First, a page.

BATON ROUGE, La. (AP) — Wednesday night, after all three days and 50 rounds of the Major League Baseball draft had passed, Paul Mainieri said he was certain of only one thing.
"It's going to be a long summer," he said. "A typical summer for an LSU baseball coach."
He still has plenty more work to do this week.
Mainieri said that this weekend, he'll be in Charlotte, N.C., to serve as a studio analyst for ESPNU's coverage of the NCAA super regionals.
In the meantime, he is scheduled to interview at least one candidate in his search for a new pitching coach.
By Wednesday night, six LSU underclassmen had been drafted, along with eight LSU signees. That adds up to 14 — and in the era of 35-man rosters, Mainieri said, that's a lot.
"I'm not a great mathematician, but if I'm not mistaken, that's almost half your team," he said. "Who can you count on? Who's going to be back? Who's not going to be back?"
That's the real trick — anticipating how many players might sign professional contracts, and how many of them opt to be on campus next fall.
Solving that equation may have gotten a little tougher Wednesday when the Toronto Blue Jays selected junior shortstop Austin Nola in the 31st round.
Toronto, of course, was the team that drafted Nola's younger brother, Catholic High pitcher Aaron Nola, in the 22nd round.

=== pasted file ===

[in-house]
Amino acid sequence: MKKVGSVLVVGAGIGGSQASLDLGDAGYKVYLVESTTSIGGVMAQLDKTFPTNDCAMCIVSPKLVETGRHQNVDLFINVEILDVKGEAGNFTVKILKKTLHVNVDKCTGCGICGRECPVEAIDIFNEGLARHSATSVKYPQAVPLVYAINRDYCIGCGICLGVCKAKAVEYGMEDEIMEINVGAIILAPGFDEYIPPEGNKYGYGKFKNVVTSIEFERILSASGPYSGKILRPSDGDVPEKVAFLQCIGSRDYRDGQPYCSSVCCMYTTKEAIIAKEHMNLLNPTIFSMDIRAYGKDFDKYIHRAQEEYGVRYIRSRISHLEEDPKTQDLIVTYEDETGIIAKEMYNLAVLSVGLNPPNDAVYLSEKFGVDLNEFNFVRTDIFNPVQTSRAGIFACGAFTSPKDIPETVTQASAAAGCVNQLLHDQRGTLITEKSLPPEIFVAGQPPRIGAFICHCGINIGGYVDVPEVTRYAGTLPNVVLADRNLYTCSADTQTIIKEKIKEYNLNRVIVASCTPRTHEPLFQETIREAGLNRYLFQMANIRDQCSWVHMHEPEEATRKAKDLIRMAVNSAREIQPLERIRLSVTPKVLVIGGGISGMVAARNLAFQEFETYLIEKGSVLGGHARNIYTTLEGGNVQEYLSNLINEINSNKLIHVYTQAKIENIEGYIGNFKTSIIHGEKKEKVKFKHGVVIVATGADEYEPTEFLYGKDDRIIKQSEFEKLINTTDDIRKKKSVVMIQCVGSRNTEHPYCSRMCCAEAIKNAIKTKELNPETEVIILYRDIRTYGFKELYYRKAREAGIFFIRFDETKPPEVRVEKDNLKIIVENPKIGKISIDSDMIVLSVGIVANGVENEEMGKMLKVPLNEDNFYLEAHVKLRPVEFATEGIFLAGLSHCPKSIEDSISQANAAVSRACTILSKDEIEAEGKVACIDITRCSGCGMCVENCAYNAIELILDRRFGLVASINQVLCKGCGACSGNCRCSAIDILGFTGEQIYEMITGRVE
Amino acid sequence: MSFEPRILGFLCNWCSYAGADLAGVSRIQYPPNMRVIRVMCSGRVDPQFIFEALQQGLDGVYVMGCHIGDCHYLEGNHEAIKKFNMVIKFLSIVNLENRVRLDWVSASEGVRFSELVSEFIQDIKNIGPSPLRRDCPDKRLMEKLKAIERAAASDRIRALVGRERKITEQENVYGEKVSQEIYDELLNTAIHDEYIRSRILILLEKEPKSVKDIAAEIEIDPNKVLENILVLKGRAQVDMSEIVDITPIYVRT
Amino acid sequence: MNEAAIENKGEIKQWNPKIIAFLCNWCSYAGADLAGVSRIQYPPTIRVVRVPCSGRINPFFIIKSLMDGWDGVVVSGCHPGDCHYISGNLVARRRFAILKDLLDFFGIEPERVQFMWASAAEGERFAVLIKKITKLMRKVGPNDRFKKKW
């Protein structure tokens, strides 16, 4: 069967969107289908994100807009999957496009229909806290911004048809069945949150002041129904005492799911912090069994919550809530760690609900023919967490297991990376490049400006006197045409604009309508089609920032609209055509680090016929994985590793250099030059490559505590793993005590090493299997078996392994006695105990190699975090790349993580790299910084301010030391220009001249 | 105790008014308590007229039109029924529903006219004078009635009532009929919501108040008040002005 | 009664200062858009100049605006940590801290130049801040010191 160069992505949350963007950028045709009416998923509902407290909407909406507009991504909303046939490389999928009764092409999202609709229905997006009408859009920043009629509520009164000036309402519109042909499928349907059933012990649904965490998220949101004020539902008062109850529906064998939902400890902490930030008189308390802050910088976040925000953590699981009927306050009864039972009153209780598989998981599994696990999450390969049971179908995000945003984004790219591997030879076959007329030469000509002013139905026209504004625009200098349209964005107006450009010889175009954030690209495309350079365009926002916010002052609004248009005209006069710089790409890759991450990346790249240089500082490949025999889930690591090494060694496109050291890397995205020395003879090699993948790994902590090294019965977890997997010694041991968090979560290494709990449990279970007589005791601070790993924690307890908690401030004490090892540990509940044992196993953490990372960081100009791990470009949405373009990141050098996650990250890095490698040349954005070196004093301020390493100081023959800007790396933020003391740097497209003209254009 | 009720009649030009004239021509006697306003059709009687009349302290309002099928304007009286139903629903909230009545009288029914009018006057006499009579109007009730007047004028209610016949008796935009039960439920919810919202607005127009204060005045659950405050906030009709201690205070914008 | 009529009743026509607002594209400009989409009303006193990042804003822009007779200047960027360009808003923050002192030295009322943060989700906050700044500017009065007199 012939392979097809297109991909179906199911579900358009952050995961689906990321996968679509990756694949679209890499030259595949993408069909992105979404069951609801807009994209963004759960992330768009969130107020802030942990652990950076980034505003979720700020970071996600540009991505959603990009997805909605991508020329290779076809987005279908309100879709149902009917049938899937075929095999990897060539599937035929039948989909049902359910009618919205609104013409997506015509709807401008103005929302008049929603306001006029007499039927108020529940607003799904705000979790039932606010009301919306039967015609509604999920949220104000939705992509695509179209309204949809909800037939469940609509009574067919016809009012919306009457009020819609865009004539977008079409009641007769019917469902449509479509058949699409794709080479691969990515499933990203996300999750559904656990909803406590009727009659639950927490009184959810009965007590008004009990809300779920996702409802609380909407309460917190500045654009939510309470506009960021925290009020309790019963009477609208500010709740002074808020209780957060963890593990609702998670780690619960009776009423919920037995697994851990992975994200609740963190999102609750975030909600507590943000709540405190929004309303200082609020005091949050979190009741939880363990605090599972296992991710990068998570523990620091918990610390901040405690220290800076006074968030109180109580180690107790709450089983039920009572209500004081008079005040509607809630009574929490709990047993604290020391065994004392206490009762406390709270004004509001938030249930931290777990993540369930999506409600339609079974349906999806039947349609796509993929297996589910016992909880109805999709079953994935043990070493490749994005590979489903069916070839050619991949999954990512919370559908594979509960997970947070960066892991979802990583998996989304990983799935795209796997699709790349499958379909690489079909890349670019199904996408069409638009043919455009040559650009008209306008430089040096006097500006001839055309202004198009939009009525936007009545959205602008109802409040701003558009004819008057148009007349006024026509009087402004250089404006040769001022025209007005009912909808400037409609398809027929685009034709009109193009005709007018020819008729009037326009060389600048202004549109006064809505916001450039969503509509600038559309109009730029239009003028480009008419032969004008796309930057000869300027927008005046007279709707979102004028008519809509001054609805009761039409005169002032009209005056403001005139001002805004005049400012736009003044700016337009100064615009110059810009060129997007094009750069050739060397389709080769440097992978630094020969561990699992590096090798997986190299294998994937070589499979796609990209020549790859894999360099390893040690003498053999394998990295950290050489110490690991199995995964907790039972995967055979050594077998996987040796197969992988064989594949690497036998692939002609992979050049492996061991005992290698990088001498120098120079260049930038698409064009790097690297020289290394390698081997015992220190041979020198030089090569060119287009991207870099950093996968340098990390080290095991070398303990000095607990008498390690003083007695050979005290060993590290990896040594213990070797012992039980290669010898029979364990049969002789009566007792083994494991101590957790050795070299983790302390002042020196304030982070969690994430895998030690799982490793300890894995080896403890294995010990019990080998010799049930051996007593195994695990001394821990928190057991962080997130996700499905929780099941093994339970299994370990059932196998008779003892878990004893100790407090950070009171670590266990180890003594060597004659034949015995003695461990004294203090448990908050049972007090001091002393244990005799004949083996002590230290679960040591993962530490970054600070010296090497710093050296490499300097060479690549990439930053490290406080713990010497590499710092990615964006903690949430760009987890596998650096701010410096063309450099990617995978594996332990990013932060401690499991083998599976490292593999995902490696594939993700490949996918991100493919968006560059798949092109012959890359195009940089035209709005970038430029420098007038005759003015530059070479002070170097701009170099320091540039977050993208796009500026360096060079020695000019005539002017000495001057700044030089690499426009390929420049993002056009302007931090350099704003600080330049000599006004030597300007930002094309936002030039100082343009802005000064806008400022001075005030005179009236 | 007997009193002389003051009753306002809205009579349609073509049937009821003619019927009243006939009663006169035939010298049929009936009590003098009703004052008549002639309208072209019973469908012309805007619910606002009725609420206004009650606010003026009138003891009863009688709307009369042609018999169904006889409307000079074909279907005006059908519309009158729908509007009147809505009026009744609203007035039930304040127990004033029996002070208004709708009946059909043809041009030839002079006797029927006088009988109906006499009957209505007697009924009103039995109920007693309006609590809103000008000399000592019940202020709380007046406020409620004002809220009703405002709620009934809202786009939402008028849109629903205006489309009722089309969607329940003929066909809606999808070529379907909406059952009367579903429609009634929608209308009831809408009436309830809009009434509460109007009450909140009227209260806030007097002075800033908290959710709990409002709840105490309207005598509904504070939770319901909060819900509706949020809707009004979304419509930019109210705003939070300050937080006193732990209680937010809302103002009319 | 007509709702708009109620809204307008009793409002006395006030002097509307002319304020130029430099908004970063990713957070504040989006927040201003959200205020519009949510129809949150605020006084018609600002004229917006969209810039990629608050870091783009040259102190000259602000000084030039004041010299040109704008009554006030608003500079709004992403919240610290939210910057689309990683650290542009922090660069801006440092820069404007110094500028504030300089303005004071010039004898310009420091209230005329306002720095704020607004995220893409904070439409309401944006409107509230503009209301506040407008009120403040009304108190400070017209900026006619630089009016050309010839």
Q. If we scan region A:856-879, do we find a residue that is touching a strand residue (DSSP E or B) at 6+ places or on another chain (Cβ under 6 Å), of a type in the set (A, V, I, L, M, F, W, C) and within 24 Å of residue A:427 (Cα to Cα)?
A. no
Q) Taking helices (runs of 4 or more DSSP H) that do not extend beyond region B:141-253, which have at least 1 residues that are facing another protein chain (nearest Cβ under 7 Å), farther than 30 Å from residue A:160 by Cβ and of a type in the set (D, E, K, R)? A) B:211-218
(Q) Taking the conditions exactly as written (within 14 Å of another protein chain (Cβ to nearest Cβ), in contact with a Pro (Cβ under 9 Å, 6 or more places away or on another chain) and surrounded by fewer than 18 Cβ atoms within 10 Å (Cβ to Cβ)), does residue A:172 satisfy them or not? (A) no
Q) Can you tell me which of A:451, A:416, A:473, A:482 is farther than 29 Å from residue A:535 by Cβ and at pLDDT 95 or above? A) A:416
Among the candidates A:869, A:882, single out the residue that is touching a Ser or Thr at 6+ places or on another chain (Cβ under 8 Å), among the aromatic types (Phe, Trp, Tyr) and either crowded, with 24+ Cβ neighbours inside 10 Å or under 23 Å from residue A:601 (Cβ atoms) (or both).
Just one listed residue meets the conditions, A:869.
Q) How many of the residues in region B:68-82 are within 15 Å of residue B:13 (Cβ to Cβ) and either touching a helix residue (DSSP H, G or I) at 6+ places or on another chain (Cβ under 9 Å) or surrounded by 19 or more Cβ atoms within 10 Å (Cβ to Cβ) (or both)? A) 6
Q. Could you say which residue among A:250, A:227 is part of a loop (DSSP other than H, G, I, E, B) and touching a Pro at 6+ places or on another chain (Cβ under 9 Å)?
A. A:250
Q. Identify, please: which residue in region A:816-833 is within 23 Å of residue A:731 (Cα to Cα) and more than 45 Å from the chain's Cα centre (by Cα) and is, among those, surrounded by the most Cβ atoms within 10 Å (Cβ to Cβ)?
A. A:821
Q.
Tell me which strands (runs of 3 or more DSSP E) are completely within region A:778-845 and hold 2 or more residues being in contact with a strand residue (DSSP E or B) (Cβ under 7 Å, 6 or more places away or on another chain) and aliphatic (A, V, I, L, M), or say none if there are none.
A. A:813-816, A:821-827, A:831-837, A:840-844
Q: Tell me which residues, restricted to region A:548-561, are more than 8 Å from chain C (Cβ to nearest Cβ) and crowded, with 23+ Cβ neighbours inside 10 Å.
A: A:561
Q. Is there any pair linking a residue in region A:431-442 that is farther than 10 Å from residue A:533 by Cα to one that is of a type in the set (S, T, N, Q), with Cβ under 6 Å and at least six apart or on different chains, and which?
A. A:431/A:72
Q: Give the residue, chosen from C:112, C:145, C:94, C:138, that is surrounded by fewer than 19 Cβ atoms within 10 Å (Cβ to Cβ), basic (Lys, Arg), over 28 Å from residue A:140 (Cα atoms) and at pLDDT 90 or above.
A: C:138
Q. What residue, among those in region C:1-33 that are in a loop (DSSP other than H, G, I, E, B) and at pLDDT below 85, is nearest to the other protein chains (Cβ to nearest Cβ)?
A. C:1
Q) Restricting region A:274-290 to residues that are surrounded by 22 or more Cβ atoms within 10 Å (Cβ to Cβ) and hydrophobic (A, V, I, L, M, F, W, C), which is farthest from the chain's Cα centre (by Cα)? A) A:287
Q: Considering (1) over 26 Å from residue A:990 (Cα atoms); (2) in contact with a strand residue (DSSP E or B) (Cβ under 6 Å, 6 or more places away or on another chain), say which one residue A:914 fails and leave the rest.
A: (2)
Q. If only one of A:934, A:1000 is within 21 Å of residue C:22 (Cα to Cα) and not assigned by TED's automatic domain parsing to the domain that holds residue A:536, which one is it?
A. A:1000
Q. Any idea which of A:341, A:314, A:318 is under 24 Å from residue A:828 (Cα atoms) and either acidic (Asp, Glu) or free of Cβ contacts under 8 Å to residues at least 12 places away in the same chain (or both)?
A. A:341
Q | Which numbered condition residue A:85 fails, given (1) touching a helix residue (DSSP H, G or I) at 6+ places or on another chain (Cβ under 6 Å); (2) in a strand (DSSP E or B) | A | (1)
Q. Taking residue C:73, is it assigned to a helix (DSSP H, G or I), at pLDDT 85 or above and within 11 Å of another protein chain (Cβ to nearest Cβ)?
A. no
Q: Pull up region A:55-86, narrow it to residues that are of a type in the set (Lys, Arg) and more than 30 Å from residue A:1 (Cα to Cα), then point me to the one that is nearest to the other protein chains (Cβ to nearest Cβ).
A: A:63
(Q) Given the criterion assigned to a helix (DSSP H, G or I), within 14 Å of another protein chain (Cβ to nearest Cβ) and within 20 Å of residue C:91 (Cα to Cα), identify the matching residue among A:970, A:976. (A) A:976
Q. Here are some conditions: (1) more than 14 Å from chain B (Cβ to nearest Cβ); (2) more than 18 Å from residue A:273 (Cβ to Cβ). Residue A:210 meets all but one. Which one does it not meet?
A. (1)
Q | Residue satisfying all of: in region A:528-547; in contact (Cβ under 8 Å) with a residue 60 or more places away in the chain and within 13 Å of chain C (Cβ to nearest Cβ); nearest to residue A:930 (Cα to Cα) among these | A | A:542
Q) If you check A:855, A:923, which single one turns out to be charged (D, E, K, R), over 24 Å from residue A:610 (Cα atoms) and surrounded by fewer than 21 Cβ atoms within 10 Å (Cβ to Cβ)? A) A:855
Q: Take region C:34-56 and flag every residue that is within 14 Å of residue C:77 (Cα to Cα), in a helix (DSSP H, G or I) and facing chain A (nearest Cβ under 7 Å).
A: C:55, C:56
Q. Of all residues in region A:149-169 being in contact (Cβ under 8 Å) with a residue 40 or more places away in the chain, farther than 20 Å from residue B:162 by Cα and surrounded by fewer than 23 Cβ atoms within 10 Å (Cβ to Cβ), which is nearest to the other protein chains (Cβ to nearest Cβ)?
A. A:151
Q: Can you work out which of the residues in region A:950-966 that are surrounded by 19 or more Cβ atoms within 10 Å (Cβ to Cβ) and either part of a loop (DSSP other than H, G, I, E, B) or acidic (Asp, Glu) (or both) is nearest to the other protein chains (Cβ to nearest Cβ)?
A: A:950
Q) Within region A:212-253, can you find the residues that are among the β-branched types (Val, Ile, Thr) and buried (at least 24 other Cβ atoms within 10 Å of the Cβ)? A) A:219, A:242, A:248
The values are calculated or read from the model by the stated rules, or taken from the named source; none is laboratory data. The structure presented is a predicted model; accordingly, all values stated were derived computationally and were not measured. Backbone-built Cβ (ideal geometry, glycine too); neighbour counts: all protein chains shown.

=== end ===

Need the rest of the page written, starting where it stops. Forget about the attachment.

Both players were taken far lower than projected, possibly because MLB clubs balked at their asking prices.
The Nolas have spoken several times about the possibility of playing together at LSU.
Now, at least theoretically, the brothers could play together somewhere in the Blue Jays' organization.
"I think the pro draft is one of the more bizarre events that happens," Mainieri said. "I don't think the round matters. If an organization wants to buy a player in, they can do that."
Asked if he thought the Nolas were a little closer to going pro Wednesday, Mainieri paused.
"I wouldn't fathom a guess," he said.
"I have enough faith in the Nola family that they'll make a smart, educated decision, and they'll do what they feel is best. If they decide that they want to sign professional contracts, they will have thought that decision out. ... They're smart people, and they care about the right things."
Information from: The Advocate, http://www.2theadvocate.com
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